The visitor center at Pont du Gard had just opened when we reached the ticket booth, and needless to say the facility was nearly empty since we were probably one of the first visitors of the day there. The door to the mini-museum was unlocked so we started our Pont du Gard adventure by learning about the engineering and history of not just Pont du Gard, but the surrounding Roman aqueduct system. By the time we returned to the visitor center it was significantly more populated than when we first arrived. A leisure 5-minute walk down the well paved path later, a majestic 3-tiered aqueduct dominated the entire landscape. It was particularly awe-inspiring that this ancient structure was built almost 2000 years ago! We crossed the Gardon River via the lower tier of Pont du Gard (which also served as a bridge) where I spent some time photographing this UNESCO monument from different perspectives along the river’s edge.

After a 2-3 hour stop over at Pont du Gard we found ourselves once again at the traffic circle waiting for our bus. Instead of returning to Avignon we decided to push forward to visit Uzès on the A15 (toward the Alès direction). To be honest I had no idea what to expect from Uzès because I didn’t think we would have time to visit another town after Pont du Gard (but I remembered Uzès being recommended on a few travel forums). I was slightly worried upon reaching Uzès because the town was so tiny and the next bus weren’t scheduled to depart for another 4 hours!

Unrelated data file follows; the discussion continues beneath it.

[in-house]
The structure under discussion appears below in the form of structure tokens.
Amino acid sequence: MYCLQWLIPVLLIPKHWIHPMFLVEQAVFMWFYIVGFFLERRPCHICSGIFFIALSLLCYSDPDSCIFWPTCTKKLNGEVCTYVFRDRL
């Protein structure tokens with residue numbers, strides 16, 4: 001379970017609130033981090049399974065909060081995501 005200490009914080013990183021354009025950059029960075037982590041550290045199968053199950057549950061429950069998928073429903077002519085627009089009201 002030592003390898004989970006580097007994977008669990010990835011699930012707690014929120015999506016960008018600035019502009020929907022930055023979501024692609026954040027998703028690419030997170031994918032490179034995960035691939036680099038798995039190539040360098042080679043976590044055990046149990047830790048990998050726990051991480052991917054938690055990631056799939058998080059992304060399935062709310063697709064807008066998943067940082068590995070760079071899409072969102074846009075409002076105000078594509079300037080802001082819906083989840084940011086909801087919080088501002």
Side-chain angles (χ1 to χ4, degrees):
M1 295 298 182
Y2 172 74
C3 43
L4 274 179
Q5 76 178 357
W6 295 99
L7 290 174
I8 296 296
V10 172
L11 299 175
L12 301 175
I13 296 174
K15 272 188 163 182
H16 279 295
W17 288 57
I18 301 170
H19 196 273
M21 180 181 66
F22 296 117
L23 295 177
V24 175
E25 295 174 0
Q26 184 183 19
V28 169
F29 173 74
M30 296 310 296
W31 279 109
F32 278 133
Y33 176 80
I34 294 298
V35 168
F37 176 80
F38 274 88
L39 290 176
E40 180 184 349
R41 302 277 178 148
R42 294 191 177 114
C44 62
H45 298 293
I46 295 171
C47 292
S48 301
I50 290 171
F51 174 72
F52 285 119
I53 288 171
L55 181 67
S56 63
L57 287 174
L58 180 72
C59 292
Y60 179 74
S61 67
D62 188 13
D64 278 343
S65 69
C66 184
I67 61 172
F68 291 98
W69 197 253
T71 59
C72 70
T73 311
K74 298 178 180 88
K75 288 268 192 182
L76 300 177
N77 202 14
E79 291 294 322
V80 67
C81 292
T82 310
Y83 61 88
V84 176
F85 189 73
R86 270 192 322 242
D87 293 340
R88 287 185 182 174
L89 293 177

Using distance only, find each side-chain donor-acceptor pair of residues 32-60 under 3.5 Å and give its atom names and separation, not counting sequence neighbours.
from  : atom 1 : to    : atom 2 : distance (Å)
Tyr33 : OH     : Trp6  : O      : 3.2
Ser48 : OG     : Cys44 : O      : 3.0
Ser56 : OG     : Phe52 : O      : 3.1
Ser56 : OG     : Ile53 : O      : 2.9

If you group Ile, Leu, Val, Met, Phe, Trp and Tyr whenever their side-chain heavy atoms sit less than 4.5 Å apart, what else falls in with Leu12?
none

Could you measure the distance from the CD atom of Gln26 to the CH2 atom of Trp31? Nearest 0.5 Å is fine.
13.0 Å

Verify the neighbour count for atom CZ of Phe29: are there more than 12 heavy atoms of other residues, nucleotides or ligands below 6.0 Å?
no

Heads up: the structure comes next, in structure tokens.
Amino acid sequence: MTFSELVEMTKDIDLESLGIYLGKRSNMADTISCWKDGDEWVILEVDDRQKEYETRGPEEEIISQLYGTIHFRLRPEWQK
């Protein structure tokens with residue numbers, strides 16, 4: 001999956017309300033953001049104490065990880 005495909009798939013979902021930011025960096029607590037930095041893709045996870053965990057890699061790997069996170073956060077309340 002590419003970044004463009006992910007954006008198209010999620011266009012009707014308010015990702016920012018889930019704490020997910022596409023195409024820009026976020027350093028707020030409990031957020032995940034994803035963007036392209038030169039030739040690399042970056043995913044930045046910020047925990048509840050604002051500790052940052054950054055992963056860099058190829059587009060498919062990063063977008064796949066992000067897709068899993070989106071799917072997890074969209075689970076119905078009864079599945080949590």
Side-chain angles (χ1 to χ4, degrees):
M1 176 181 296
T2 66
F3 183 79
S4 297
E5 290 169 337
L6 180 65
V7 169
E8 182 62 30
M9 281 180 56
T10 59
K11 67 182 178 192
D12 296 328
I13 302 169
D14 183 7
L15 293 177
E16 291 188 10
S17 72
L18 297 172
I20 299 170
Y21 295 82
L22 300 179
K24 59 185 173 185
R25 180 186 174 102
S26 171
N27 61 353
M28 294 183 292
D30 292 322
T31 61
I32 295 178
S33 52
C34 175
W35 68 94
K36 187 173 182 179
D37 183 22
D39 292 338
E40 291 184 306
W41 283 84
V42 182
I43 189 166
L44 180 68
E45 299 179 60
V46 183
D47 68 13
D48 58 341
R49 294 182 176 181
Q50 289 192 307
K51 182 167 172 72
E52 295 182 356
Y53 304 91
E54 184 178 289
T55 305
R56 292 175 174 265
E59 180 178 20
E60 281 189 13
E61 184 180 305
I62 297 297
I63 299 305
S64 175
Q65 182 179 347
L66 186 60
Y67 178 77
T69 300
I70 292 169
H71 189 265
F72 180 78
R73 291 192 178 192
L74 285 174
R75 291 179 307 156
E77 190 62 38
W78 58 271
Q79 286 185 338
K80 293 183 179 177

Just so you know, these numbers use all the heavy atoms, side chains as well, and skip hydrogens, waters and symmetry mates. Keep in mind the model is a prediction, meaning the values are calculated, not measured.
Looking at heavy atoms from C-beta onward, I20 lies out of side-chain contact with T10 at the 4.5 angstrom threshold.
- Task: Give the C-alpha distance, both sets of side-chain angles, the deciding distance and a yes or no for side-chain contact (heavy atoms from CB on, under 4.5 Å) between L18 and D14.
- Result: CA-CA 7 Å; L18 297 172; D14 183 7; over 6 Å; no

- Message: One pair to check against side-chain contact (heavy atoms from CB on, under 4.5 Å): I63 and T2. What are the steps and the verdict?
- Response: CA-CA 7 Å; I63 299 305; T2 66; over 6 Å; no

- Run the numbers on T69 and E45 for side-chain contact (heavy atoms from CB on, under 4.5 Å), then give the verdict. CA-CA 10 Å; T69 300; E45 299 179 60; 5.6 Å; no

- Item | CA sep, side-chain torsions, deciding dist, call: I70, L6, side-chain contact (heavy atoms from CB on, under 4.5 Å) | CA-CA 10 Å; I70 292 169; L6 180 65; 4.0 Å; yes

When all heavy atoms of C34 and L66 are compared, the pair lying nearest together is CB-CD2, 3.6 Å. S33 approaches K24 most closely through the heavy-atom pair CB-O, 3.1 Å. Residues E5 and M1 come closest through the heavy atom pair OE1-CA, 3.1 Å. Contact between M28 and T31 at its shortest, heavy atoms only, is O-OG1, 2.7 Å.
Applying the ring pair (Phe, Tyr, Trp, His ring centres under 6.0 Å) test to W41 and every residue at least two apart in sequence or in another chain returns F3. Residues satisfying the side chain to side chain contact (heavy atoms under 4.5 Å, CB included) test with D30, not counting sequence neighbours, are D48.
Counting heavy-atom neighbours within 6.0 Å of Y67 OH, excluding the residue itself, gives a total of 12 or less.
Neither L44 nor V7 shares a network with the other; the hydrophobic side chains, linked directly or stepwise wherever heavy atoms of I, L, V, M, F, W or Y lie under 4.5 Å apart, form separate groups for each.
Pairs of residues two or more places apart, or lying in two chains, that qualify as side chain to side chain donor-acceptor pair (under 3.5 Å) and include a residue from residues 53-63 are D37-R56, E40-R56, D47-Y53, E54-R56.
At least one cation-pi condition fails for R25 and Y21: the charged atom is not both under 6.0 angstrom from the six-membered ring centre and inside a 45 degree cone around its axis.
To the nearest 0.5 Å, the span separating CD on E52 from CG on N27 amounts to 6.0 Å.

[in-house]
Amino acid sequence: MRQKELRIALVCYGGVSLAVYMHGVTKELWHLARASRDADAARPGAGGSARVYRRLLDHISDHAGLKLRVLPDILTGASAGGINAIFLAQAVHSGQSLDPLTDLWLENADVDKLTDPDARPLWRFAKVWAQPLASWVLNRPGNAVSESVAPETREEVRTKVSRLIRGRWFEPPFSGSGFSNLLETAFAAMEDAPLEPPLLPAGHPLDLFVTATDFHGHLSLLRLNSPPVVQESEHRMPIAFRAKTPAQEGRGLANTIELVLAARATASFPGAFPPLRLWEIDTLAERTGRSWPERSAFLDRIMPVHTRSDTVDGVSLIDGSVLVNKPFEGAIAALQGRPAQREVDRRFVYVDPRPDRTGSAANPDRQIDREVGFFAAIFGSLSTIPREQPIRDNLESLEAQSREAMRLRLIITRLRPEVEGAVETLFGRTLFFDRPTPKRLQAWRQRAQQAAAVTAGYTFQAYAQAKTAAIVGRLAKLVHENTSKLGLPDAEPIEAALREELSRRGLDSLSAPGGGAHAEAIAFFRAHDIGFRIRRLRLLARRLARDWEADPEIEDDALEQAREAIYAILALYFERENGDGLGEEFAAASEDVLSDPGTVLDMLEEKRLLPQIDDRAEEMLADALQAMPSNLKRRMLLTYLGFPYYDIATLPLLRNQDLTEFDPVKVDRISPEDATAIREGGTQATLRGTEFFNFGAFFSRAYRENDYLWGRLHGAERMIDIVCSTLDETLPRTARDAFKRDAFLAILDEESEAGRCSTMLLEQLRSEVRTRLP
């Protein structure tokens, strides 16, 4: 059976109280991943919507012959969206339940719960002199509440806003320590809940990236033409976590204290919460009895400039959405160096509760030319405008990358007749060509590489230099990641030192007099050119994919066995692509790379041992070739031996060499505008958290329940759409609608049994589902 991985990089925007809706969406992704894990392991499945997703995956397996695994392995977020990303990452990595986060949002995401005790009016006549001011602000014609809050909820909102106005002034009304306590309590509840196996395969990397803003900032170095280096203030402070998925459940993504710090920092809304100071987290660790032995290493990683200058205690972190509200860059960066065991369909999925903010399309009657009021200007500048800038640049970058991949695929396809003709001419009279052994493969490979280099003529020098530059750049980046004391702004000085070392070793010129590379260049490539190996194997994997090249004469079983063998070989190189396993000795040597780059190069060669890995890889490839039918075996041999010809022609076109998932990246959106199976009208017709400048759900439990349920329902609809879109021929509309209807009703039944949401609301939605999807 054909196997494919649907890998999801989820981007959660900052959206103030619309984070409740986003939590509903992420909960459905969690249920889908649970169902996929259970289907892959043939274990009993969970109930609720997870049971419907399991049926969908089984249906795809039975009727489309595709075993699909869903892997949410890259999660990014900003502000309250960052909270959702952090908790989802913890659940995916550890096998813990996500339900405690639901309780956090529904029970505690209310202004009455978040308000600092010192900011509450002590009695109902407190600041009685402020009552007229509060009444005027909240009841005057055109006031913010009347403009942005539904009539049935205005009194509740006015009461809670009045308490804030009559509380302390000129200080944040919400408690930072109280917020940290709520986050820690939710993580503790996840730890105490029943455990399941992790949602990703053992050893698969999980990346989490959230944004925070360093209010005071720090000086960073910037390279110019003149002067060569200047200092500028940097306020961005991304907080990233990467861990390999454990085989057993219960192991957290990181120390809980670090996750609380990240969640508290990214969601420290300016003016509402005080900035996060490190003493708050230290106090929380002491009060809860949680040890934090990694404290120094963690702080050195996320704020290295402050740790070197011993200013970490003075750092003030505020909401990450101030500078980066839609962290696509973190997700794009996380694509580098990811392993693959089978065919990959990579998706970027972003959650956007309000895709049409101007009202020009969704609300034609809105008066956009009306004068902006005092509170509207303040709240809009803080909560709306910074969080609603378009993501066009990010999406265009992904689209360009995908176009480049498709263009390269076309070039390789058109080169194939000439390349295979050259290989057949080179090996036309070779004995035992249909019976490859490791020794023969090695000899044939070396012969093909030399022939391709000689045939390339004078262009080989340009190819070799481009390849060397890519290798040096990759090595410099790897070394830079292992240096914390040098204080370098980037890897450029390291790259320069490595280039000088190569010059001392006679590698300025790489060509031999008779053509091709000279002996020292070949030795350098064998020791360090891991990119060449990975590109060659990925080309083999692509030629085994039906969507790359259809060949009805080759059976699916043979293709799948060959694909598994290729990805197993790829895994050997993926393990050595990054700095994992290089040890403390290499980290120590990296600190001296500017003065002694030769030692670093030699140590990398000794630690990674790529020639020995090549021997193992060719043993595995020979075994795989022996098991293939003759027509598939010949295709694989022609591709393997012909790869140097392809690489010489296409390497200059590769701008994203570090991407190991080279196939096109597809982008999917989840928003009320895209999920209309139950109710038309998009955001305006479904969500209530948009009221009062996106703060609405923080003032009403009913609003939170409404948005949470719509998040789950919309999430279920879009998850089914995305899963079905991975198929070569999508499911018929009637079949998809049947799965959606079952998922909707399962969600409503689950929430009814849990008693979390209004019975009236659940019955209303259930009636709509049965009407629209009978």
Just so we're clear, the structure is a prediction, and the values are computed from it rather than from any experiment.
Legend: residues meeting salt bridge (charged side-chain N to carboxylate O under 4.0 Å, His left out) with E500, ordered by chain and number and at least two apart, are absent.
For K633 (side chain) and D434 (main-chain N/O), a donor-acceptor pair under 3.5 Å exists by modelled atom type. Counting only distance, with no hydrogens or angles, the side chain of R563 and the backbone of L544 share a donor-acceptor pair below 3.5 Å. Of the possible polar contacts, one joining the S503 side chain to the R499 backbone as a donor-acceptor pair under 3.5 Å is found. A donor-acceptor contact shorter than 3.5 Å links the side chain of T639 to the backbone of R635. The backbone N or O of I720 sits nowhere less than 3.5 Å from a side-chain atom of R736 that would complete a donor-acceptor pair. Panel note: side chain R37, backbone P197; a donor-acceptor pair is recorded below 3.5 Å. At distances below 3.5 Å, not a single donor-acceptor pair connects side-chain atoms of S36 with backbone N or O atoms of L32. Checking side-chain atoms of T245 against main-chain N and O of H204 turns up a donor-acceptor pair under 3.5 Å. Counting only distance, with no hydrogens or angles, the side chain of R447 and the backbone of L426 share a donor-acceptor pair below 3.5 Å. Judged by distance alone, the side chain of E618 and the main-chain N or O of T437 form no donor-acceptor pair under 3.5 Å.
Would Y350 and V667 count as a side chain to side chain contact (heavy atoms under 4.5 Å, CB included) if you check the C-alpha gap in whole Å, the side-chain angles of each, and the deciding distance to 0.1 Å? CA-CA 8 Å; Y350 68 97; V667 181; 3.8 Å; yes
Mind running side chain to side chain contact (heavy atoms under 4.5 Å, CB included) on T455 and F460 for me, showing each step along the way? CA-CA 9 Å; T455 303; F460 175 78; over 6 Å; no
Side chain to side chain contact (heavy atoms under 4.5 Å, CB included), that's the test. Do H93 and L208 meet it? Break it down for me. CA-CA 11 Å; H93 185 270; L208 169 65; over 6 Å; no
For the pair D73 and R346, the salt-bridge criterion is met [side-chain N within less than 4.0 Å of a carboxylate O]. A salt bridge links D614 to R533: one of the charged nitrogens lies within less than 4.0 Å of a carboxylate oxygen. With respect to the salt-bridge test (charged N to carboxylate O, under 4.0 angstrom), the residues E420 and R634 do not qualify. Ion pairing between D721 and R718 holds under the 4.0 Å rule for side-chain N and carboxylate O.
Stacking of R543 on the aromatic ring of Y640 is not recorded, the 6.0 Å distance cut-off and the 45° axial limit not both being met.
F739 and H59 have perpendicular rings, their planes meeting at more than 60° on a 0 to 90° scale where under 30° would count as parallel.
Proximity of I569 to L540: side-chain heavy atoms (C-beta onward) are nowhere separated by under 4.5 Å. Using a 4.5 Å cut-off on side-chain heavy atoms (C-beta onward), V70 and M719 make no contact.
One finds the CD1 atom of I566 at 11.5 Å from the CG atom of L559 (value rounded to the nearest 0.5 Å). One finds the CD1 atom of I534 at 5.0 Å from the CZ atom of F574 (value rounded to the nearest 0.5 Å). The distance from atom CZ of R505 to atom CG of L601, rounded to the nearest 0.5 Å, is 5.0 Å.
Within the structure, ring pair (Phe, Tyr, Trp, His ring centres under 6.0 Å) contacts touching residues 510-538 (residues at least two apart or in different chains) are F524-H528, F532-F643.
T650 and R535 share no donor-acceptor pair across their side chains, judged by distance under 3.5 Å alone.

On first impression Uzès was small but a very picturesque town. Streets and buildings were well maintained yet its rustic countryside atmosphere was kept intact. We wondered aimlessly down streets and alleyways until we arrived at a giant square flanked by countless cafes and restaurants. How was it possible for such a small town to sustain so many food establishments?! We enjoyed a beautiful lunch along with a couple glasses of Provence wine. Refreshed and motivated (to work off the foie gras salad lol), we directed ourselves to the tourist information center (Thanks Google Maps!) where we were provided a map along with a suggested route for a self-guided walking tour.

As we walked past the various attractions indicated on the walking tour map, we passed Uzès’ city hall, a perfectly kept medieval castle, and a small church with a leaning tower similar to the one in Italy (just way smaller)… all within 1.5 hours by foot! It seemed like every corner we turned in this petite village of Uzès we were greeted with another unique photo opportunity. As I feasted on Uzès with my camera we were eventually led back to the giant square where we first began our walking tour. Surprisingly, the once packed restaurants that lined the square were still full of patrons long past lunchtime. We had no intentions of stopping by these restaurants until J spotted a colorful sign that read “Artisan Gelato”… since it was another boiling day she received little opposition from me when she proceeded to order a beautifully arranged dessert art. 15 euros later we slowly made our way back to the bus stop via winding alleyways.